The consortium of the Malampaya deep water-to-gas project, composed of Razon’s Prime Energy Resources Development B.V., Dennis Uy’s UC38 LL, and state-owned PNOC Exploration Corp., said Sunday there were not refusing to sell to the Malampaya banked gas to the 1,200-megawatt Ilijan power plant.
The consortium said in a joint statement there were no legal means by which the sale of banked gas to the Ilijan gas plant in Batangas, owned by SMC Global Power Holdings Corp., could be made.
The banked gas is the accumulated unused gas of the Ilijan power plant, amounting to 108.6 petajoules, due to the underutilization of the plant’s take-or-pay quantity within the period 2002 to 2007.
The consortium said there was no live contract for the supply of gas from Malampaya between SMCGP subsidiary South Premiere Power Corp. and Spex, now Prime Energy.
The group said the Ilijan’s gas sale purchase agreement ended in June.
“Without a live contract, Malampaya gas cannot be sold legally to SPPC,” they said.
SMCGP earlier said the Ilijan facility is on extended outage following the refusal of Spex, now Prime Energy, to supply the 70 petajoules of banked gas from the Malampaya gas project, which SPPC acquired from Philippine National Oil Co. in June.
Meanwhile, the consortium also questioned plans to divert Malampaya gas supply to the Ilijan plant, saying it would be “irregular and illegal without a contract.”
It said the move would deprive other power producers with active contracts in the Luzon grid of natural gas.
SMCGP offered Manila Electric Co. supply from the Ilijan plant at a minimal capital recovery fee of only P1 per kWh on the condition that it looks for gas for the plant. Meralco negotiated with First Gen Corp., but talks are ongoing.
“All natural gas being used for the Luzon grid comes from the Malampaya field and is supplied to other power generators with live and approved contracts,” the consortium said.
“The volume of gas from the Malampaya field, as everyone knows and as verified by the Department of Energy, is nearing maximum reserve drawdown, so the supply covered by Service Contract 38 needs to be fairly distributed,” they said.
They said claims that the Luzon power grid would be affected if the Ilijan power plant was not given priority in Malampaya’s banked gas allocation has no basis.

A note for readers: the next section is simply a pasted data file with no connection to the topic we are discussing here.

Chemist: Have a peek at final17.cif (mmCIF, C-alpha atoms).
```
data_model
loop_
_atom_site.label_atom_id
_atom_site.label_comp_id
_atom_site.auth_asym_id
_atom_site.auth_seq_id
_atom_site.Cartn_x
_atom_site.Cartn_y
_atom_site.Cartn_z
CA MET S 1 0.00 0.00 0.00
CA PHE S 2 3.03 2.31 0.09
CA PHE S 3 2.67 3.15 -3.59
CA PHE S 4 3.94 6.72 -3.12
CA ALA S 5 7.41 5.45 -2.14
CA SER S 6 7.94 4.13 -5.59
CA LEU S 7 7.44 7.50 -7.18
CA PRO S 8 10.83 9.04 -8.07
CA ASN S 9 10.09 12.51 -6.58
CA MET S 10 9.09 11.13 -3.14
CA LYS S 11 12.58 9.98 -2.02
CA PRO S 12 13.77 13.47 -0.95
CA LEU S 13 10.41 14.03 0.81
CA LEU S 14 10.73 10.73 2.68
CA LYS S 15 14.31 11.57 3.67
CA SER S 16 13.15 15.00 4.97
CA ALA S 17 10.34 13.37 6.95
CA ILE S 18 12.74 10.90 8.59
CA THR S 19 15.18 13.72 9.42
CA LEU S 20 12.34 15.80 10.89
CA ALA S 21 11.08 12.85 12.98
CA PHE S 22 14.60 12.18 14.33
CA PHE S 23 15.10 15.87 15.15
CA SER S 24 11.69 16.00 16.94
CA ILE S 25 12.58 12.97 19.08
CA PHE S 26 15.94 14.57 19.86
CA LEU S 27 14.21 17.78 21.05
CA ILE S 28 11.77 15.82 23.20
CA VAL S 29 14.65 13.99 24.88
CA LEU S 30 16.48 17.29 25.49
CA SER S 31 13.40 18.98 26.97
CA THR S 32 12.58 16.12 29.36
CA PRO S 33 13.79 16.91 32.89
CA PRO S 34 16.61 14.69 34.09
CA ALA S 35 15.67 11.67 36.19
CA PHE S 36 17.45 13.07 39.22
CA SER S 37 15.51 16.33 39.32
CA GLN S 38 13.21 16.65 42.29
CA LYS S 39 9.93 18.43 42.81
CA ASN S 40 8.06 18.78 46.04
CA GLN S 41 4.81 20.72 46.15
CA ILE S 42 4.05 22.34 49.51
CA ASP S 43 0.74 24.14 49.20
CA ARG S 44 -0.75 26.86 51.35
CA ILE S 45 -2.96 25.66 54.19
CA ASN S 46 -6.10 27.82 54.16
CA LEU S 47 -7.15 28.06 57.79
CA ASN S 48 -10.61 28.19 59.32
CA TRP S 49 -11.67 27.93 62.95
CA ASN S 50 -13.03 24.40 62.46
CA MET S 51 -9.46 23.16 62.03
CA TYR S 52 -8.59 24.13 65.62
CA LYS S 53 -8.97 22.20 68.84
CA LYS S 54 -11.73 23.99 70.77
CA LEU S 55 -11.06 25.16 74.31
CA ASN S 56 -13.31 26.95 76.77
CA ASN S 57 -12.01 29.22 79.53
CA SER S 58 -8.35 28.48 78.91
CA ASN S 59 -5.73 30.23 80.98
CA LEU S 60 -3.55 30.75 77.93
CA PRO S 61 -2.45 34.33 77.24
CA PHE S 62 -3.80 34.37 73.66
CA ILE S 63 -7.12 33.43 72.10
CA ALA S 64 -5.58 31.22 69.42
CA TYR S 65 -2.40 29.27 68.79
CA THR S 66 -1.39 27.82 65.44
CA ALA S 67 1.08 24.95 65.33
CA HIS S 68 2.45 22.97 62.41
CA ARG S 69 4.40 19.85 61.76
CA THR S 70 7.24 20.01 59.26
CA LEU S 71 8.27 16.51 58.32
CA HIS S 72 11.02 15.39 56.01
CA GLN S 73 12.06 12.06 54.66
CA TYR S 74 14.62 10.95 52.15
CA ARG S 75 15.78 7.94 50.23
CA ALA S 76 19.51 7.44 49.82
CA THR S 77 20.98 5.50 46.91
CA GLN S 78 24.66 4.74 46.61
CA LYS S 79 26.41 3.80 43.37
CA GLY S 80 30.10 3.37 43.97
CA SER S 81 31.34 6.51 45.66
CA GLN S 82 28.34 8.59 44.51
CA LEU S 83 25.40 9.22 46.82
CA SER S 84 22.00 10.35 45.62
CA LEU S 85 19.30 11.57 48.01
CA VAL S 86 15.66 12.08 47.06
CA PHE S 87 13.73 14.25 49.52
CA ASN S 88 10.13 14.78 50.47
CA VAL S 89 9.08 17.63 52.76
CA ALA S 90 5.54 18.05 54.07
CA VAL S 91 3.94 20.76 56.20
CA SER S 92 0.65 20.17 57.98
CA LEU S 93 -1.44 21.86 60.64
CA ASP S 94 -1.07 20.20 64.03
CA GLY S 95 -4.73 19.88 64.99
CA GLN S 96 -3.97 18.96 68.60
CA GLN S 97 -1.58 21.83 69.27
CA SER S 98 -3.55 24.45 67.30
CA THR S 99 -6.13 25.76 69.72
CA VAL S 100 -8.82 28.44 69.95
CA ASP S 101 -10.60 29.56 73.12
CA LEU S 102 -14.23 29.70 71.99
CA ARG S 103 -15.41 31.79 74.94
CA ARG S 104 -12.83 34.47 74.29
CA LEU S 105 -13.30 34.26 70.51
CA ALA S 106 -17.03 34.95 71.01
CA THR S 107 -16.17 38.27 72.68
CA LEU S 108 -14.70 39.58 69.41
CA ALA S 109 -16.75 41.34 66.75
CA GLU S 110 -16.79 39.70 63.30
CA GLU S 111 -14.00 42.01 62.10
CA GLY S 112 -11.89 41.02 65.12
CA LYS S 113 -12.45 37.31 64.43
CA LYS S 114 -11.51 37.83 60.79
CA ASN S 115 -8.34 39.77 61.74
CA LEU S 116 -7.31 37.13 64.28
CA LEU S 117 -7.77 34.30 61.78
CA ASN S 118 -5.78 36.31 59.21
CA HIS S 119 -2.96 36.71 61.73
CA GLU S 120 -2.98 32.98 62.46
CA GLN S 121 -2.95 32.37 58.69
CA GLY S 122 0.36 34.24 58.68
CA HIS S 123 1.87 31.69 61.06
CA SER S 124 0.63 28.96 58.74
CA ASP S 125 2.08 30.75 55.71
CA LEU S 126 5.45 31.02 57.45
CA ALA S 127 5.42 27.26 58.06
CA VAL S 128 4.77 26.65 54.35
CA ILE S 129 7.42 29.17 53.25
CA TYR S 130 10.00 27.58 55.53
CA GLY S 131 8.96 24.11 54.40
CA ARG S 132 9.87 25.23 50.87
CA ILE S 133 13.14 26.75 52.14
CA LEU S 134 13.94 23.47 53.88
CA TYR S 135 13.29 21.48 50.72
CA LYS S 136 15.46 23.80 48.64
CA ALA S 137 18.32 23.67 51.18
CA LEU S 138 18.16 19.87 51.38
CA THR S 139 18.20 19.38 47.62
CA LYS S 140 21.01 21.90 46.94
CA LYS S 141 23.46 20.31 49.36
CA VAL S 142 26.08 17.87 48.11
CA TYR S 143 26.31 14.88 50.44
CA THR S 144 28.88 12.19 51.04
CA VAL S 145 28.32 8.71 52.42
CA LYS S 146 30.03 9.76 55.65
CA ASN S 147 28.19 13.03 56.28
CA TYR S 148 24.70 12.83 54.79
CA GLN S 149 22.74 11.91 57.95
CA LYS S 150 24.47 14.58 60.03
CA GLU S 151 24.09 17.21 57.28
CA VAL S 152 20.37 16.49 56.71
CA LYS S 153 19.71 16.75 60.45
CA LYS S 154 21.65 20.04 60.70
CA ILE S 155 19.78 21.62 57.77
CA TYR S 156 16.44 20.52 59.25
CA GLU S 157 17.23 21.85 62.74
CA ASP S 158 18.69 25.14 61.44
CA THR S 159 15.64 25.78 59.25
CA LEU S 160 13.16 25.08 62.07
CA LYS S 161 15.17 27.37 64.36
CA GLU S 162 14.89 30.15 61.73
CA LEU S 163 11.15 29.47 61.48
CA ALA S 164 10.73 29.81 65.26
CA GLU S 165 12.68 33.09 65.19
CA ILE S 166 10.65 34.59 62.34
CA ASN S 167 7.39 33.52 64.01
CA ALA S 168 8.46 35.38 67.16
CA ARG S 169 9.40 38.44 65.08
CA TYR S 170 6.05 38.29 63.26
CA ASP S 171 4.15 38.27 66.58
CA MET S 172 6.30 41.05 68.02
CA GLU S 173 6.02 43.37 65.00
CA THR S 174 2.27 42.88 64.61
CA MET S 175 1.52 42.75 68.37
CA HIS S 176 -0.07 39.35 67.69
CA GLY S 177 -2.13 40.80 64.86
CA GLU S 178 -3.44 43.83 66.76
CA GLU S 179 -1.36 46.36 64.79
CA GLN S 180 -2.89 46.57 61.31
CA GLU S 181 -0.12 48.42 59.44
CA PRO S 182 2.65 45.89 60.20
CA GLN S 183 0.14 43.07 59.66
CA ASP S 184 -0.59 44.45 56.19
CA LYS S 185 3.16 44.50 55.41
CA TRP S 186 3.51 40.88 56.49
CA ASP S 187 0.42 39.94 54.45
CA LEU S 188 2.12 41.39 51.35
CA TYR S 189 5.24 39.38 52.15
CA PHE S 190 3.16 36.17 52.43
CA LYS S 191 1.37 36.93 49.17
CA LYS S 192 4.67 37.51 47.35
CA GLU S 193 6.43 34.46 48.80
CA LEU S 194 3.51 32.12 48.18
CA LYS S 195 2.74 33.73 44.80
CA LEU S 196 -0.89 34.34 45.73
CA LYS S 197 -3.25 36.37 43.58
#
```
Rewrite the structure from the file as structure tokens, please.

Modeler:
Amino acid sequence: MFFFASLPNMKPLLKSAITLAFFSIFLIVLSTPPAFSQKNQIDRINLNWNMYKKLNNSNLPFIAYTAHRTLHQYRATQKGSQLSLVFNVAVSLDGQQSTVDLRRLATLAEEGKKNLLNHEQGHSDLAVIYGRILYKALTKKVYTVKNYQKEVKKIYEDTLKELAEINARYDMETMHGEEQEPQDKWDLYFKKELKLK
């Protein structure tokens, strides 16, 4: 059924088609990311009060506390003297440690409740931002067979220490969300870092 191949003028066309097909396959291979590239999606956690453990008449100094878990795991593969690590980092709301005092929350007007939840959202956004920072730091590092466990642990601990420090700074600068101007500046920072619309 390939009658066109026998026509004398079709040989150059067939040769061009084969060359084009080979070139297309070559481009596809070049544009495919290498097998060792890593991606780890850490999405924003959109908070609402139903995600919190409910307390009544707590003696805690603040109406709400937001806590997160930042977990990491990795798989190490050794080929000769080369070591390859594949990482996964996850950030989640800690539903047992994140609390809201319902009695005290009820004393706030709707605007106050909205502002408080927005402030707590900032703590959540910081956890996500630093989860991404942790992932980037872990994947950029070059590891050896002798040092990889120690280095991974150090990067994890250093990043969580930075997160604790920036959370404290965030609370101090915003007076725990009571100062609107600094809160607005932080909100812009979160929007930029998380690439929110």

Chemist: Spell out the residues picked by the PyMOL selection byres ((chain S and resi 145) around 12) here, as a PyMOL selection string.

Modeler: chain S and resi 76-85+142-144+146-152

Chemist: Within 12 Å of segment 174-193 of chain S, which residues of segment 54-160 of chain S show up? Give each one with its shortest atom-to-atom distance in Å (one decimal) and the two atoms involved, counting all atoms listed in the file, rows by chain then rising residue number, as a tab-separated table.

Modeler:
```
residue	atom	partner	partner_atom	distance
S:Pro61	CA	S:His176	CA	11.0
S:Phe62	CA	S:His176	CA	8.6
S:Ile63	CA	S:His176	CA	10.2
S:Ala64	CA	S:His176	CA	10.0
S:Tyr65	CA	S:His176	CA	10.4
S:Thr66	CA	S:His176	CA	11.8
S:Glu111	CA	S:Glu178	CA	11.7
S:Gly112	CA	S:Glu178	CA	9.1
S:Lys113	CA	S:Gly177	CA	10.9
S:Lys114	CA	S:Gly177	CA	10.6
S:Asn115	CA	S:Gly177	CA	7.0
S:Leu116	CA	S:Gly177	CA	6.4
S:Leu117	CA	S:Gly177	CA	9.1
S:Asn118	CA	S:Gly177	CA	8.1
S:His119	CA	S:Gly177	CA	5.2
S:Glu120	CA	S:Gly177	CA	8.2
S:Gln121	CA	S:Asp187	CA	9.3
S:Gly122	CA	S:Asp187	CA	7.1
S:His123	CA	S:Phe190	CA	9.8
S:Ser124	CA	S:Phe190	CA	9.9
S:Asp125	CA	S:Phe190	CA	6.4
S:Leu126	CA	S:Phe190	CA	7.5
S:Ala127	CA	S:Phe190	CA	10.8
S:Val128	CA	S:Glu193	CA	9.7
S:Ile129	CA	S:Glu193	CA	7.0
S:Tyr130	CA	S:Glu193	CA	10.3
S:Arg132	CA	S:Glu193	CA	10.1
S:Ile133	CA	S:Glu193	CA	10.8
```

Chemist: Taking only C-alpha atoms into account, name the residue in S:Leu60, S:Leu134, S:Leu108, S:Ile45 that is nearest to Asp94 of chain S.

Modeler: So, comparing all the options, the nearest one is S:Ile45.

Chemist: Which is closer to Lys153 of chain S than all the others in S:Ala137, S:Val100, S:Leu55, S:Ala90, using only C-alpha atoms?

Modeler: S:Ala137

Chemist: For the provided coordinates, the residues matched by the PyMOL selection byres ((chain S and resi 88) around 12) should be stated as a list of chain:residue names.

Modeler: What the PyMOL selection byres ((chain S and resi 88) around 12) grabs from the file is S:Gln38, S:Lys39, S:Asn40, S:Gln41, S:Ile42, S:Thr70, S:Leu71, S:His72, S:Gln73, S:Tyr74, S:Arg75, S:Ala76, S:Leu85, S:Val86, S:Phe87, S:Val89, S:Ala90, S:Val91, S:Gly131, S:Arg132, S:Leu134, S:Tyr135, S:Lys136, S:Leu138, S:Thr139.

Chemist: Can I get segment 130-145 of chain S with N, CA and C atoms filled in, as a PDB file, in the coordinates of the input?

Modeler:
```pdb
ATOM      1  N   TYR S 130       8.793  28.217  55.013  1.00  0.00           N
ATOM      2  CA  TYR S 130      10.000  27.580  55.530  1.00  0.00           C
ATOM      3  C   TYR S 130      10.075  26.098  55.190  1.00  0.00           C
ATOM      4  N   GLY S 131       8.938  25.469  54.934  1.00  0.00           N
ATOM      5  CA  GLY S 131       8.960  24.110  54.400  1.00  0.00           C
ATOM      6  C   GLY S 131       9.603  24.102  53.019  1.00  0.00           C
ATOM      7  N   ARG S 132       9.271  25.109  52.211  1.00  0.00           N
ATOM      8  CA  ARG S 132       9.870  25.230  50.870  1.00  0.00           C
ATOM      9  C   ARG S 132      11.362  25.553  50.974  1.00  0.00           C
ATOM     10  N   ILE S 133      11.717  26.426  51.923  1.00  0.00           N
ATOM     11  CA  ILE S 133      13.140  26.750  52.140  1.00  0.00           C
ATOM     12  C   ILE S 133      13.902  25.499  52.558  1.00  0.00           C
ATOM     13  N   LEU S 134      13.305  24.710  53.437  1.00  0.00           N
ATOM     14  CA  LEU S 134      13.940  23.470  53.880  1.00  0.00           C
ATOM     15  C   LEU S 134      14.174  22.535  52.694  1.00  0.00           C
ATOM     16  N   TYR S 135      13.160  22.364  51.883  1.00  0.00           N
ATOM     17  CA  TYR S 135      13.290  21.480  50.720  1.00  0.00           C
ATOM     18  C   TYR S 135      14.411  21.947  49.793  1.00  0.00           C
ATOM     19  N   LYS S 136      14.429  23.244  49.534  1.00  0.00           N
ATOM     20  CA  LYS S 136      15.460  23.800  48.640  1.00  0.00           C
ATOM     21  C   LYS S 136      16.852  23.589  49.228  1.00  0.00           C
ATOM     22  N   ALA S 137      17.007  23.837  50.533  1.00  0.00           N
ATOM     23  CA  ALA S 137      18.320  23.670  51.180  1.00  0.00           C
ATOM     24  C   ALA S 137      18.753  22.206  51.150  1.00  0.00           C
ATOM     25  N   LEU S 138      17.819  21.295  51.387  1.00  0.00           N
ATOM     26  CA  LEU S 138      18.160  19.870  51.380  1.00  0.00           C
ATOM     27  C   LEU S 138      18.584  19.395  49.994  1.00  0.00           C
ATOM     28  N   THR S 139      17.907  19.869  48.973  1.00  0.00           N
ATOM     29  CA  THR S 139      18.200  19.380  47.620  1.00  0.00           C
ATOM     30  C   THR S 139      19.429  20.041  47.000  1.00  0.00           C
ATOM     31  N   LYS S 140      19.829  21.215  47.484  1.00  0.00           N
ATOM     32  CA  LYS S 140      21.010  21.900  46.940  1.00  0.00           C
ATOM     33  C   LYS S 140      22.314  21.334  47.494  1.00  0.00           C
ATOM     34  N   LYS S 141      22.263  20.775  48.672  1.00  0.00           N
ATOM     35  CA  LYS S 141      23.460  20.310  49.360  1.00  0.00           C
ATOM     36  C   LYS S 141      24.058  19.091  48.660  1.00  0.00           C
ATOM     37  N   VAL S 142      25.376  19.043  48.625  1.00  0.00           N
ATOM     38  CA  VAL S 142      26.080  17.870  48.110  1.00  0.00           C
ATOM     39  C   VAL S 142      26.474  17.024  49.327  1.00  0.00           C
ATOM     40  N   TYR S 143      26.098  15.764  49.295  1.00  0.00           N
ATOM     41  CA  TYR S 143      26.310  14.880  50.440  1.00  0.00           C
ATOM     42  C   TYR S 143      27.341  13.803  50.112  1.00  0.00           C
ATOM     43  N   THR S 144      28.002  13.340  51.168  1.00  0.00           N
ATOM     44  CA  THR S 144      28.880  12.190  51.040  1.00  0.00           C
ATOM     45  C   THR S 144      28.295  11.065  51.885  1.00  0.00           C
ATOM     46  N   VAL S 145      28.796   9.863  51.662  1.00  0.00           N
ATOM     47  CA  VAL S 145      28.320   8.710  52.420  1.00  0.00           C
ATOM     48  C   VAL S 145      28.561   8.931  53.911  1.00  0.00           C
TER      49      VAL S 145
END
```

“If gas is supplied to Ilijan, the sum is the same. This will actually mean less supply to the other power plant customers,” the consortium said.
The consortium also said diverting the gas supply to Ilijan would siphon supply from other power producers and could worsen the power supply situation.
“Supply for the Ilijan power plant is under consideration as additional gas volume is extracted, if possible, following the extension of SC38’s license.
The claim of SPPC is disrupting this process and delaying the resolution that would have provided for a win-win solution for all players in the business value chain of Malampaya,” the consortium said.
The consortium said the banked gas that could be distributed was being distributed as per the contract terms.
“There is no such thing as bank gas stored that belongs to SPPC or anyone else. The consortium parties, which include government agencies, are diligently applying the terms of the contract and ensuring that all that can be done, within the terms of the contracts in place, is done to produce gas and support power generation,” they said.
With Malampaya production capacity naturally declining while an extension of SC 38 is being awaited, the consortium will have to service its existing clients with live contracts, they said.
“The Malampaya is indeed a crown jewel of our country and a shining example of how a public-private partnership has powered the Philippines but let us not tarnish this exemplary reputation by pursuing the vested interest of the few and sacrificing the greater interest of the many,” the consortium said.